How to Care for a Djembe: Do's and Don't's

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Follow these simple guidelines to prolong the life of your djembe drum:

Do’s

  • Do use a drum bag. Bags can prolong the life of your djembe by protecting it from the elements, as well as serving as a cushion by taking impact that could otherwise damage your drum. Keeping your drum in a bag when it’s not in use will also help to maintain its tune, helping you perform the Mali Weave process less often. When considering a bag for your djembe, make sure you find one of the proper fit. If the bag is too loose, it will move around unnecessarily, which could lead to damage. If you can’t find a bag to your exact specifications, you can always place some circular foam padding on top of your drum while it’s in the bag for added protection and to take up some of the empty space.
  • Do play your djembe often. Some players find that a drum that hasn’t been played for a prolonged period can sound dull and flat. Frequent playing also ensures that the drum skin stays conditioned with the natural oils of your hands.
  • Do use shea butter, olive oil, or any other type of natural moisturizer on your hands intermittently before you play your drum. This will ensure that the proper amount of moisture is transferred to your drum head, conditioning the skin properly.
  • Do clean the exterior wood shell. If your drum is varnished, you can simply used a damp soft cloth to remove any debris. Some people will opt for furniture polish on their varnished drums. If you choose this option, its best to use it sparingly. If you have an unvarnished drum, you may need to apply a thin coat of teak or linseed oil every so often to help prevent cracking. Applying a thin coat of oil to the interior can also be helpful for both varnished and unvarnished drums. The oil will ideally be applied more often in dry climates and less often in humid climates.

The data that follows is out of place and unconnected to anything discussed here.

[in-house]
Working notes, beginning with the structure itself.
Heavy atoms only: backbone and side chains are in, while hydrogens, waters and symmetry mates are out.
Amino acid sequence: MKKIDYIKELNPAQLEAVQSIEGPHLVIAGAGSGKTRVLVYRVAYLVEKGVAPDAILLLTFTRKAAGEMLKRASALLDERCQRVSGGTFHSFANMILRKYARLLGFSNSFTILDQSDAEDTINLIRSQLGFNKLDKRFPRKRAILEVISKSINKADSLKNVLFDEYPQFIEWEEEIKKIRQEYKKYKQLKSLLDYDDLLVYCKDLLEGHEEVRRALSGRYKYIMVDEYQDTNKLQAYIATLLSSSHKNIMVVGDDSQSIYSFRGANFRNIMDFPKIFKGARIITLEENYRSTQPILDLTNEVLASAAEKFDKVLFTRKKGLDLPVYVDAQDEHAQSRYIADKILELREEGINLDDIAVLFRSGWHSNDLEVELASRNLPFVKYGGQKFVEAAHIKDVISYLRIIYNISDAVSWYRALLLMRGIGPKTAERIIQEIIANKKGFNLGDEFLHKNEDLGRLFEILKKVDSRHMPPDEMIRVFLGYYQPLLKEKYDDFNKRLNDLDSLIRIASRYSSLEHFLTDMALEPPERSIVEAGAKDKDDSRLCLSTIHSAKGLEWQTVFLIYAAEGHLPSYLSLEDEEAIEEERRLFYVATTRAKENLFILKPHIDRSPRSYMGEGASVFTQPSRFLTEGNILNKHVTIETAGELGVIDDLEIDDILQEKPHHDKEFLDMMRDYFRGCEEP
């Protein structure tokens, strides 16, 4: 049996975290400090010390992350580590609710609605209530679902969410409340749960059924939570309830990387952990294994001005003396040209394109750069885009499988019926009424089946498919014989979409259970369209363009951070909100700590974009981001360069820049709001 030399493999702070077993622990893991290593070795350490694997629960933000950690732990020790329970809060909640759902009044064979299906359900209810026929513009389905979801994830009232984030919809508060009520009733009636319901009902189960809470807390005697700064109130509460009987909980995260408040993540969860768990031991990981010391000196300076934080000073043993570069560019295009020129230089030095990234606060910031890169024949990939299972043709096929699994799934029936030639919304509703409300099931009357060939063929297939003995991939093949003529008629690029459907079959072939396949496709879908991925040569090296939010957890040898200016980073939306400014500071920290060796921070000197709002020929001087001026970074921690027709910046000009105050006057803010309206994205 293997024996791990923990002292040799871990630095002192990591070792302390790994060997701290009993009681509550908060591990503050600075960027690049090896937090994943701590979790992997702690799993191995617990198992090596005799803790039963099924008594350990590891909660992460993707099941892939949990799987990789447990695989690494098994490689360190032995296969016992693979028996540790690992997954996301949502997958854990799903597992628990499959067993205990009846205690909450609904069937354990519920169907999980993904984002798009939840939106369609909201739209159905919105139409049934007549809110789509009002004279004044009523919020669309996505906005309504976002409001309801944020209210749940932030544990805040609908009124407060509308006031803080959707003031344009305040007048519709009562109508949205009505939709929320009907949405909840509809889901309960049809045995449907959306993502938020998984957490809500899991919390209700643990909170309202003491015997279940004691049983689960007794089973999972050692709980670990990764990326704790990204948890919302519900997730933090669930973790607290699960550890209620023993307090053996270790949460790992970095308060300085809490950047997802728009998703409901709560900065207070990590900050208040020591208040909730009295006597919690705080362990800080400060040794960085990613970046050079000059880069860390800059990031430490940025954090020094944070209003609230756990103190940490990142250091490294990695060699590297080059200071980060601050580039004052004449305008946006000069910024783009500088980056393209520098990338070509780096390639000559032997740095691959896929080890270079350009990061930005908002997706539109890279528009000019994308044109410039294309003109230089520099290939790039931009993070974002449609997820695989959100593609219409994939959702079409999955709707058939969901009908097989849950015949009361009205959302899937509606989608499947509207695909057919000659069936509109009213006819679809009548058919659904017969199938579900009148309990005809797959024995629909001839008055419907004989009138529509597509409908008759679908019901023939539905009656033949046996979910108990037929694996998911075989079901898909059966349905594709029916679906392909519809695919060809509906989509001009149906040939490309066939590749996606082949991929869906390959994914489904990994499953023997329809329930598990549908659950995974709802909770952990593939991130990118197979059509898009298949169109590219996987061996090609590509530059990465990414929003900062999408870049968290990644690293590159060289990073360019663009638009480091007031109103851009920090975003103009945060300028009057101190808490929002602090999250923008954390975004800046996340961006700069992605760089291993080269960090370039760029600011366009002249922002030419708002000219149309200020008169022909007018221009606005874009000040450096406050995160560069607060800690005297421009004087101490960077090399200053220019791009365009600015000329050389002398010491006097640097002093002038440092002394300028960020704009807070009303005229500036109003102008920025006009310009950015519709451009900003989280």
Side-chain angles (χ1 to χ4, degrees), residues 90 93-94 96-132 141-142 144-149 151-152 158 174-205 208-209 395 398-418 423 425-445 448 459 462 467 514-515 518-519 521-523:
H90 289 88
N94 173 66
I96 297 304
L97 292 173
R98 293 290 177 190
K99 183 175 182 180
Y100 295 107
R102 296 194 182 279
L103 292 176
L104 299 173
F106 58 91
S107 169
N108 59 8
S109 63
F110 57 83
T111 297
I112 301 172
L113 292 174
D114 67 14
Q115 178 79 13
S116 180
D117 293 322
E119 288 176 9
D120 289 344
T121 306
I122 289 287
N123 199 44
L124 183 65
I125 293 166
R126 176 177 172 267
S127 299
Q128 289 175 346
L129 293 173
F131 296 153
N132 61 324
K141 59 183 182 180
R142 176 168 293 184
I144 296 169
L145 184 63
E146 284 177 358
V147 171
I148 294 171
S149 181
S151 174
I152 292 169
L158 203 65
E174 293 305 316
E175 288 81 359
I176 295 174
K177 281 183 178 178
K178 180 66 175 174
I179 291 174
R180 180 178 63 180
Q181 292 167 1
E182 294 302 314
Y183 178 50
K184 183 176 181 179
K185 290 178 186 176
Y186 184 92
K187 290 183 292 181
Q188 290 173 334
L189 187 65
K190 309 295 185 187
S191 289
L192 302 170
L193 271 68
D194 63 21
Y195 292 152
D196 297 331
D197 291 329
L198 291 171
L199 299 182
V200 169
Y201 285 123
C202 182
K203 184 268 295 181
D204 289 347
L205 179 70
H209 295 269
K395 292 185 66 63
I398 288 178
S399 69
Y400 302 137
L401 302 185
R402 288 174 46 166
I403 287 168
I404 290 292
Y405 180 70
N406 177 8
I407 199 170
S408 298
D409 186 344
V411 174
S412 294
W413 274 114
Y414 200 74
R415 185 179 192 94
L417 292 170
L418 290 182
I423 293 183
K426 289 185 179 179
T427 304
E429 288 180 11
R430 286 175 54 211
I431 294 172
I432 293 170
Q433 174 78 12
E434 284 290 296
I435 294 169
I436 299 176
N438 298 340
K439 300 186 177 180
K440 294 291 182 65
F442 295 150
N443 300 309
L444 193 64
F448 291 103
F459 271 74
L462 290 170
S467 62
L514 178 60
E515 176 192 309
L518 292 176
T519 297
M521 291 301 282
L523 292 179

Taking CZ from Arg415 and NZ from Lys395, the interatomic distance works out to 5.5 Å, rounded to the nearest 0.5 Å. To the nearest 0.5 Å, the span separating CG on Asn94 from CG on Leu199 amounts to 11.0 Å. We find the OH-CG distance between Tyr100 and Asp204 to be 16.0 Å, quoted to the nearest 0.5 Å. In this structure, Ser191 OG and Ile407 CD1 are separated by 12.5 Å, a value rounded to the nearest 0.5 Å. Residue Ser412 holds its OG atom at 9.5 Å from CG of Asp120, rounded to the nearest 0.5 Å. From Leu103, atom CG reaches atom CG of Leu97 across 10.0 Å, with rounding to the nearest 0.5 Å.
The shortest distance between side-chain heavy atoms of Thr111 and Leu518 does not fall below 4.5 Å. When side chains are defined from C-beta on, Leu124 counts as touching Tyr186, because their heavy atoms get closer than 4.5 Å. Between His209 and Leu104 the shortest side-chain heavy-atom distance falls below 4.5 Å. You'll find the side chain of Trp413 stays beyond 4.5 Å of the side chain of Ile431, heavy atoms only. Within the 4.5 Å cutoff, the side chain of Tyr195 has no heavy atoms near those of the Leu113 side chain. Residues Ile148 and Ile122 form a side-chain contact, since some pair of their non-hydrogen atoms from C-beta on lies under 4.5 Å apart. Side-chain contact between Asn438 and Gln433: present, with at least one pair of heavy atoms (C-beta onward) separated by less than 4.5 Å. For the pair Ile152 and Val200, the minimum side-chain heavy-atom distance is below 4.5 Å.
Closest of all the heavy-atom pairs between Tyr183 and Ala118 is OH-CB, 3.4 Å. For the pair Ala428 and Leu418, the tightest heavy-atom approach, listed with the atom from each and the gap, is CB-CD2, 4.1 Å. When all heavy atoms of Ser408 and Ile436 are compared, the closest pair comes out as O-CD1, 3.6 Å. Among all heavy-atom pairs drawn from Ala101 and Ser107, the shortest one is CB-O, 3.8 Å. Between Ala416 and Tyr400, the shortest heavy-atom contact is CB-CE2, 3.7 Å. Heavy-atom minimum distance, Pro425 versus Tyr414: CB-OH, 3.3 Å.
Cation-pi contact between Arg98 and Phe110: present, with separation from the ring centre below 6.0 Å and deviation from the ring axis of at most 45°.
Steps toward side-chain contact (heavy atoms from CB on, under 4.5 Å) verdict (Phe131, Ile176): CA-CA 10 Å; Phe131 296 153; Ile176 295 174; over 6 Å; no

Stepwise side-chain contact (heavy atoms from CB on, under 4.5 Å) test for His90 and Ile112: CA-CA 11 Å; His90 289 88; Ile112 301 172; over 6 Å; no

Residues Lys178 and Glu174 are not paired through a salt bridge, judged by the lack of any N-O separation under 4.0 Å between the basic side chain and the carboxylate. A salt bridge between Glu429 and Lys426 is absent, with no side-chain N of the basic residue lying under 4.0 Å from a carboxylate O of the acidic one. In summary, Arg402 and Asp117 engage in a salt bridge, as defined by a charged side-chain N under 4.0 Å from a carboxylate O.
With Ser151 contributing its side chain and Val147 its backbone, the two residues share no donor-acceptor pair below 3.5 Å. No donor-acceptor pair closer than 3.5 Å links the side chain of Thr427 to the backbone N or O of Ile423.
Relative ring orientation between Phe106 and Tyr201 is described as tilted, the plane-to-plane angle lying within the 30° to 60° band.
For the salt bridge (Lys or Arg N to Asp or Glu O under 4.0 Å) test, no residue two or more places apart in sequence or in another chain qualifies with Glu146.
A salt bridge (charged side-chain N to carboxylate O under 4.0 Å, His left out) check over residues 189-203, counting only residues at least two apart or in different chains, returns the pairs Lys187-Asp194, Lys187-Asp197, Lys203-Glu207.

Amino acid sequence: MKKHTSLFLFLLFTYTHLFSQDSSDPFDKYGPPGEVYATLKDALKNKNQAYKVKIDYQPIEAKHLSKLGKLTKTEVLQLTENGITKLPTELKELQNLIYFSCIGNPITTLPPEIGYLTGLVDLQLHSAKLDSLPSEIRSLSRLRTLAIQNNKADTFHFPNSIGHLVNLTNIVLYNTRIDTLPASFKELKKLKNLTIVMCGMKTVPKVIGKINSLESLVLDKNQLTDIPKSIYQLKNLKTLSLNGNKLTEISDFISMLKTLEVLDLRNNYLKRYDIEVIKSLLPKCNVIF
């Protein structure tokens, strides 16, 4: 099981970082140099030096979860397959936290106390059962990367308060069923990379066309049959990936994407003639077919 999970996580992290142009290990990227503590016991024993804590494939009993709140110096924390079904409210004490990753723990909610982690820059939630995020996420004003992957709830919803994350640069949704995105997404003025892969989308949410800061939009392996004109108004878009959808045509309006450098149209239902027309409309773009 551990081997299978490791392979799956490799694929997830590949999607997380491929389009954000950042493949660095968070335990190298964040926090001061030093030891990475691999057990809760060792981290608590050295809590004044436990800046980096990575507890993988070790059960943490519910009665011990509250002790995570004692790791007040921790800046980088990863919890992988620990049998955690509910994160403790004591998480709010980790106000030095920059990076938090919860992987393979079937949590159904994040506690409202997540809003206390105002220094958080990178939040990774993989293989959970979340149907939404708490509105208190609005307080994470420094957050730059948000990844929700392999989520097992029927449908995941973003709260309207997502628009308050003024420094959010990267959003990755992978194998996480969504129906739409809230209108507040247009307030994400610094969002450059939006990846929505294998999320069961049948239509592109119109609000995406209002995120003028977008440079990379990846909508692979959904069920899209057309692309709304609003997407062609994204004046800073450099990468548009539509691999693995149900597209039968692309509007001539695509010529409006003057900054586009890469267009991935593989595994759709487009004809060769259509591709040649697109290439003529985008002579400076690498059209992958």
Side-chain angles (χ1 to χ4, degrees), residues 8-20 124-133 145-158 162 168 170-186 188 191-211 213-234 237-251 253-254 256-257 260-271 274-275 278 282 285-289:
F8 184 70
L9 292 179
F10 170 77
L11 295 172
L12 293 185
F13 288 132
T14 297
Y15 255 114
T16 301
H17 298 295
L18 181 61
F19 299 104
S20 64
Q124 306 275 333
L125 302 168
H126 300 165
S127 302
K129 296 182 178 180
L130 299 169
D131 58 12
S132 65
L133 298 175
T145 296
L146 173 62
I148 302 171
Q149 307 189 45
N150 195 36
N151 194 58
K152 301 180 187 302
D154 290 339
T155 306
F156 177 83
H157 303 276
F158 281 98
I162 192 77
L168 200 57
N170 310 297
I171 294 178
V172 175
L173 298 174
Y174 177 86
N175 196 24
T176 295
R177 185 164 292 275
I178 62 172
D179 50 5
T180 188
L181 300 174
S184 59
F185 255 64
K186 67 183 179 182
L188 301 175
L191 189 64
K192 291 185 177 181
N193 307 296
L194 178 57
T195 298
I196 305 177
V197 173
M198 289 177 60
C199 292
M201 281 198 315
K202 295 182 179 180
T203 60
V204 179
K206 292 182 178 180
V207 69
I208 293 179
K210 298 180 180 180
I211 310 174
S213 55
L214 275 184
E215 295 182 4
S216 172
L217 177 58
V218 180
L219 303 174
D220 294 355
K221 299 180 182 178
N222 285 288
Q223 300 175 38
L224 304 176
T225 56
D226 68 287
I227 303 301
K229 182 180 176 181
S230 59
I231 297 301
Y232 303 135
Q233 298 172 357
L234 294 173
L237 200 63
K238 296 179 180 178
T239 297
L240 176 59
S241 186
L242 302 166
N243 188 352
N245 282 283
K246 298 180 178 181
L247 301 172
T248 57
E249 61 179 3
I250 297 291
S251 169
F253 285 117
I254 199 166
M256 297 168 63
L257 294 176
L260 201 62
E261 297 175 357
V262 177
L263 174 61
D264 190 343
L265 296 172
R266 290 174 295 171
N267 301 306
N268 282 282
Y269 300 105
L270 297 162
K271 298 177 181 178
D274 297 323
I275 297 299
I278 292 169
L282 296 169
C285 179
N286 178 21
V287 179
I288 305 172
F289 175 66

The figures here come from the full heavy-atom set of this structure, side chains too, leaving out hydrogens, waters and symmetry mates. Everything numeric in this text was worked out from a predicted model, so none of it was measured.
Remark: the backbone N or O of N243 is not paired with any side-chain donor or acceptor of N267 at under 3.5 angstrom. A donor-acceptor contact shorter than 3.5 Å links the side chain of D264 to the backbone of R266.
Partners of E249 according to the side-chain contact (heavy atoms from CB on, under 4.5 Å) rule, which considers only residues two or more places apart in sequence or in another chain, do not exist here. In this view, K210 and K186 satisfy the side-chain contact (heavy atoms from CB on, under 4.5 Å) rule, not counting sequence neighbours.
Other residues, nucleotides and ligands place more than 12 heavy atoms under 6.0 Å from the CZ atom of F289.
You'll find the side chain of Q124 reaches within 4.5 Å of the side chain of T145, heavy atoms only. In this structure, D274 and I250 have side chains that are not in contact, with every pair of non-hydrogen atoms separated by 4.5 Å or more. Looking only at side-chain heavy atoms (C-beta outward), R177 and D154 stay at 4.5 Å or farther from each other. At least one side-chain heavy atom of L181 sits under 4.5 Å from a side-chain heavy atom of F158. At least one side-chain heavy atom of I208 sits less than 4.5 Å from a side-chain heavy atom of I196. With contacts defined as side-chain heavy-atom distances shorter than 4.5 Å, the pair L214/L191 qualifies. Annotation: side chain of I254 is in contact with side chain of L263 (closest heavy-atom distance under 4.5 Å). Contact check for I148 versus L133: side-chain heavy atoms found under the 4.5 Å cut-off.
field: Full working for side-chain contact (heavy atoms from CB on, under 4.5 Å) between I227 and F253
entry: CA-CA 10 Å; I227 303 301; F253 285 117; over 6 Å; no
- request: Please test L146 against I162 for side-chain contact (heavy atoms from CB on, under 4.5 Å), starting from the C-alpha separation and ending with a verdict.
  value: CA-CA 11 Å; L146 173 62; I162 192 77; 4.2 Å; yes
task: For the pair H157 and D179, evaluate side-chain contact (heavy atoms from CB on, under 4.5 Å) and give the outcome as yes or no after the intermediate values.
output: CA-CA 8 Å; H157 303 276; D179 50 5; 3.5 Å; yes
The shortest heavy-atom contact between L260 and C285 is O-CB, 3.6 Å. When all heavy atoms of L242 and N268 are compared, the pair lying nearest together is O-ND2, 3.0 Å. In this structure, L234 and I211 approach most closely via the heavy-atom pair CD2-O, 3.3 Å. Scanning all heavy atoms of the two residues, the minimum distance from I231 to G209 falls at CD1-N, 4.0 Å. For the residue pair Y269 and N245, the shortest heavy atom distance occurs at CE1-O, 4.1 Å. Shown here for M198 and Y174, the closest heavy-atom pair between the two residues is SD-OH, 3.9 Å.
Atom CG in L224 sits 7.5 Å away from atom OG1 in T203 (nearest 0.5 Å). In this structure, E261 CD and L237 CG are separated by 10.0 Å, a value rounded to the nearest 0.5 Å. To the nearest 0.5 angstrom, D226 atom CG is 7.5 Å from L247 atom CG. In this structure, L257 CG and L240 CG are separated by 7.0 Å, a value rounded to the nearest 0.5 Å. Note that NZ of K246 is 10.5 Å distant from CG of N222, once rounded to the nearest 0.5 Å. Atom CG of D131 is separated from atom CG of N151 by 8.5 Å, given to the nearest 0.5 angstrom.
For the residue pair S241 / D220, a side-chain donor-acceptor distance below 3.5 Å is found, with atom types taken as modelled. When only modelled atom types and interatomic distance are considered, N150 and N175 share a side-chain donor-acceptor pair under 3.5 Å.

• Do detune your djembe if you know you won’t be playing it for a prolonged period of time, or if it will go through a shipment process. This will help prevent the skin splitting. Usually backing out a few knots of the Mali Weave is enough to loosen it.

Don’t‘s

  • Don’t play your djembe with anything other than your hands. Playing it with sticks or mallets will almost certainly wear out your skin and cause it to split prematurely. After all, the djembe is called a “hand drum” for a reason!
  • Don’t put moisturizer directly on the skin. This will weaken it over time. As mentioned above, it is best to put shea butter or olive oil on your hands before you play. This will help transfer the conditioner to your drum skin, ensuring that the proper amount is used.
  • Don’t overtune your drum. You can still achieve that nice, crisp sound without tightening it to the point of breaking the skin.
  • Don’t store your drum in extreme temperatures such as a hot car. You’ll find this is terrible for keeping the tune, and it may even lead to cracking. Moving the drum rapidly between extreme temperatures can also cause cracking. It’s best to keep your drum indoors and in a bag when you’re not playing it.
  • Don’t wear rings or any other type of jewelry that could come into contact with the drum skin while you’re playing it. It can be difficult to remember, but this will easily cause nicks in the skin, so try to always make a habit of removing all jewelry before playing.

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